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The Identify Drive data can tell you many things about your drive, including the following:
Two other very important commands are the Read Multiple and Write Multiple commands. These commands permit multiple-sector data transfers and, when combined with block-mode Programmed I/O (PIO) capabilities in the system, can result in incredible data-transfer rates many times faster than single-sector PIO transfers.
If you want the ultimate in IDE performance and installation ease, make sure that your motherboard BIOS and IDE adapter supports ATA-2 or EIDE. This support allows your BIOS to execute data transfers to and from the IDE drive several times faster than normal, and also makes installation and configuration easier because the BIOS will be able to detect the drive-parameter information automatically. High-speed PIO and automatic detection of the drive type are included in the latest versions of most PC BIOSs.
There are many other enhanced commands, including room for a given drive manufacturer to implement what are called vendor-unique commands. These commands often are used by a particular vendor for features unique to that vendor. Often, features such as low-level formatting and defect management are controlled by vendor-unique commands. This is why low-level format programs can be so specific to a particular manufacturer's IDE drives and why many manufacturers make their own LLF programs available.
ATA IDE Drive Categories
ATA-IDE drives can be divided into three main categories. These categories separate the drives by function (such as translation capabilities) and design (which can affect features such as low-level formatting):
The ATA standard requires that the built-in controller respond exactly as though it were a Western Digital WD1003 controller. This controller responds to a command set of eight commands. Early IDE drives supported these commands and had few, if any, other options. These early drives actually were more like regular ST-506/412 or ESDI controllers bolted directly into the drive than the more intelligent drives that we consider today to be IDE. These drives were not considered to be intelligent IDE drives.
These drives could be low-level formatted in the same manner as any normal ST-506/412 or ESDI drive. They were universally low-level formatted at the factory, with factory-calculated optimum interleave (usually, 1:1) and head- and cylinder-skew factors. Also, factory defects were recorded in a special area on the drive; they no longer were written on a sticker pasted to the exterior. Unfortunately, this arrangement means that if you low-level format these drives in the field, you most likely will alter these settings (especially the skew factors) from what the factory set as optimum, as well as wipe out the factory-written defect table.
Some manufacturers released special low-level format routines that would reformat the drives while preserving these settings, but others did not make such programs available. Because they did not want you to overwrite the defect list or potentially slow the drive, most manufacturers stated that you should never low-level format their IDE drives.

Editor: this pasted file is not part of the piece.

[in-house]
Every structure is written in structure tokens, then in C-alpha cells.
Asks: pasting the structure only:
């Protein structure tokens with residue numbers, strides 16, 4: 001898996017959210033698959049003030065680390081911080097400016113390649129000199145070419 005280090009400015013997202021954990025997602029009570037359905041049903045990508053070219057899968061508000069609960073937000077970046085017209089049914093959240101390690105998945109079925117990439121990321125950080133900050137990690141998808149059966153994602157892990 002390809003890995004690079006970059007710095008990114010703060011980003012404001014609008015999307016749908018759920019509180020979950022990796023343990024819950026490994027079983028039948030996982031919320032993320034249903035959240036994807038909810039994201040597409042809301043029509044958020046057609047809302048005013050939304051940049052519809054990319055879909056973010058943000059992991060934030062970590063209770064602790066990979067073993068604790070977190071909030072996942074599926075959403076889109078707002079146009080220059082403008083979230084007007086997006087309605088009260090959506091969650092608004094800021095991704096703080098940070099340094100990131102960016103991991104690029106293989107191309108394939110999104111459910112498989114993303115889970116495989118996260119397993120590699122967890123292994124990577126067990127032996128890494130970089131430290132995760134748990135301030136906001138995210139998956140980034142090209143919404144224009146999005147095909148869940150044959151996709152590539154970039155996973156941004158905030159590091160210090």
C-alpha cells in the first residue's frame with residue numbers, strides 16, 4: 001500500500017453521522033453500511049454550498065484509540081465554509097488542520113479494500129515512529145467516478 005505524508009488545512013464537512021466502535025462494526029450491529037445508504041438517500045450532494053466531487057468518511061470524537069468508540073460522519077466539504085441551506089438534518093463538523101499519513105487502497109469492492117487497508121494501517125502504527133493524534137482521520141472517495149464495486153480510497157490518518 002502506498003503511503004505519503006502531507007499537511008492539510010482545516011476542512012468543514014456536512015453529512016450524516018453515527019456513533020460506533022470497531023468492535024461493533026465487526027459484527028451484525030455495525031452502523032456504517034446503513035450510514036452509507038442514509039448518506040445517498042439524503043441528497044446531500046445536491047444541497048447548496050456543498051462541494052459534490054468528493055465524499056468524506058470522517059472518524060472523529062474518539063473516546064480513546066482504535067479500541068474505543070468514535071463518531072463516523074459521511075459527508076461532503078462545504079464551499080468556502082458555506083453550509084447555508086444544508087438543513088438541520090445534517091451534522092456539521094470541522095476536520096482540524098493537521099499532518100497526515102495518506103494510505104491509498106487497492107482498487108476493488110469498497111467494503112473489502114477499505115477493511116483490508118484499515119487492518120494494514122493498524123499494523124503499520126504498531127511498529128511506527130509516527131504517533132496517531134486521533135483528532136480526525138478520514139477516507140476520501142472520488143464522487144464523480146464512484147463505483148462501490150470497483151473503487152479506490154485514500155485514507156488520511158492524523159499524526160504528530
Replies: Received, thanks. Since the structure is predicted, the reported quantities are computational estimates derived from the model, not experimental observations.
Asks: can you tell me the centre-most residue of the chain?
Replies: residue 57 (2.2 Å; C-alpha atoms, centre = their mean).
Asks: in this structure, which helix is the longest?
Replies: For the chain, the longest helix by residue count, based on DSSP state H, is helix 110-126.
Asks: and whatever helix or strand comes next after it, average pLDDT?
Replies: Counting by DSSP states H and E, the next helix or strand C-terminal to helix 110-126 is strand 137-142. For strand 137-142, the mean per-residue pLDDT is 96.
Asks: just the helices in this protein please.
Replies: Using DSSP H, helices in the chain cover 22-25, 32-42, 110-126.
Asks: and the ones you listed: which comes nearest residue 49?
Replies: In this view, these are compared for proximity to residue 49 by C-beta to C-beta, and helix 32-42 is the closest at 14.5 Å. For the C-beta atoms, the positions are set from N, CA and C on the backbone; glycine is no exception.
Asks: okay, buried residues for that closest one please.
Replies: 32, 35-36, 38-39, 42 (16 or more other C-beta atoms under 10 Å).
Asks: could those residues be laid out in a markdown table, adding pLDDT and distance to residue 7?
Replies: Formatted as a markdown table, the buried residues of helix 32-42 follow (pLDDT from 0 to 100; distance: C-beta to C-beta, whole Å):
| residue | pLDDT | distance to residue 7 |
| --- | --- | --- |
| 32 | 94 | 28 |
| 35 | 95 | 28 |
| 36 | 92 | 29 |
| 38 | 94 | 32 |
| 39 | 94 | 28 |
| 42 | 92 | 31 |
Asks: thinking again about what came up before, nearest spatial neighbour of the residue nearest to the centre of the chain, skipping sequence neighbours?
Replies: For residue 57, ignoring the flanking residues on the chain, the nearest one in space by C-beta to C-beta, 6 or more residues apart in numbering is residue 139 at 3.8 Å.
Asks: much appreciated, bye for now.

This statement started a myth that the drives could somehow be damaged or rendered inoperable by such a format, which truly is not the case. One rumor was that the servo information could be overwritten, which would mean that you would have to send the drive back to the manufacturer for reservoing. This also is not true; the servo information is protected and cannot be overwritten. The only consequence of an improper low-level format of these drives is the possible alteration of the skew factors and the potential loss of the factory defect maps.
Later IDE drives became known as intelligent IDE drives. These drives support enhanced ATA commands, such as the Identify Drive command, and sector-translation capabilities.
These drives can be configured in two ways: in raw physical mode or in translation mode. To configure the drive in raw physical mode, you simply enter the CMOS drive parameters during setup so that they match the true physical parameters of the drive. For example, if the drive physically has 800 cylinders, 6 heads, and 50 sectors per track, you enter these figures during setup. To configure the drive in translation mode, you simply enter any combination of cylinders, heads, and sectors that adds up to equal or less than the true number of sectors on the drive.
In the example I just used, the drive has a total of 240,000 sectors (800×6×50). All I have to do is figure out another set of parameters that adds up to equal or less than 240,000 sectors. The simplest way to do this is to cut the number of cylinders in half and double the number of heads. Thus, the new drive parameters become 400 cylinders, 12 heads, and 50 sectors per track. This method adds up to 240,000 sectors and enables the drive to work in translation mode.
When these drives are in translation mode, a low-level format cannot alter the interleave and skew factors, nor can it overwrite the factory defect-mapping information. A low-level format program can, however, perform additional defect mapping or sector sparing while in this mode.
If the drive is in true physical mode, a low-level format rewrites the sector headers and modifies the head and cylinder skewing. If performed incorrectly, the format can be repaired by a proper low-level format program that allows you to set the correct head and cylinder skew. This task can be accomplished automatically by the drive manufacturer's recommended low-level format program. To obtain the correct skew values, it is best to contact the drive manufacturer's technical support department. You can calculate the skew values if the manufacturer cannot provide them.
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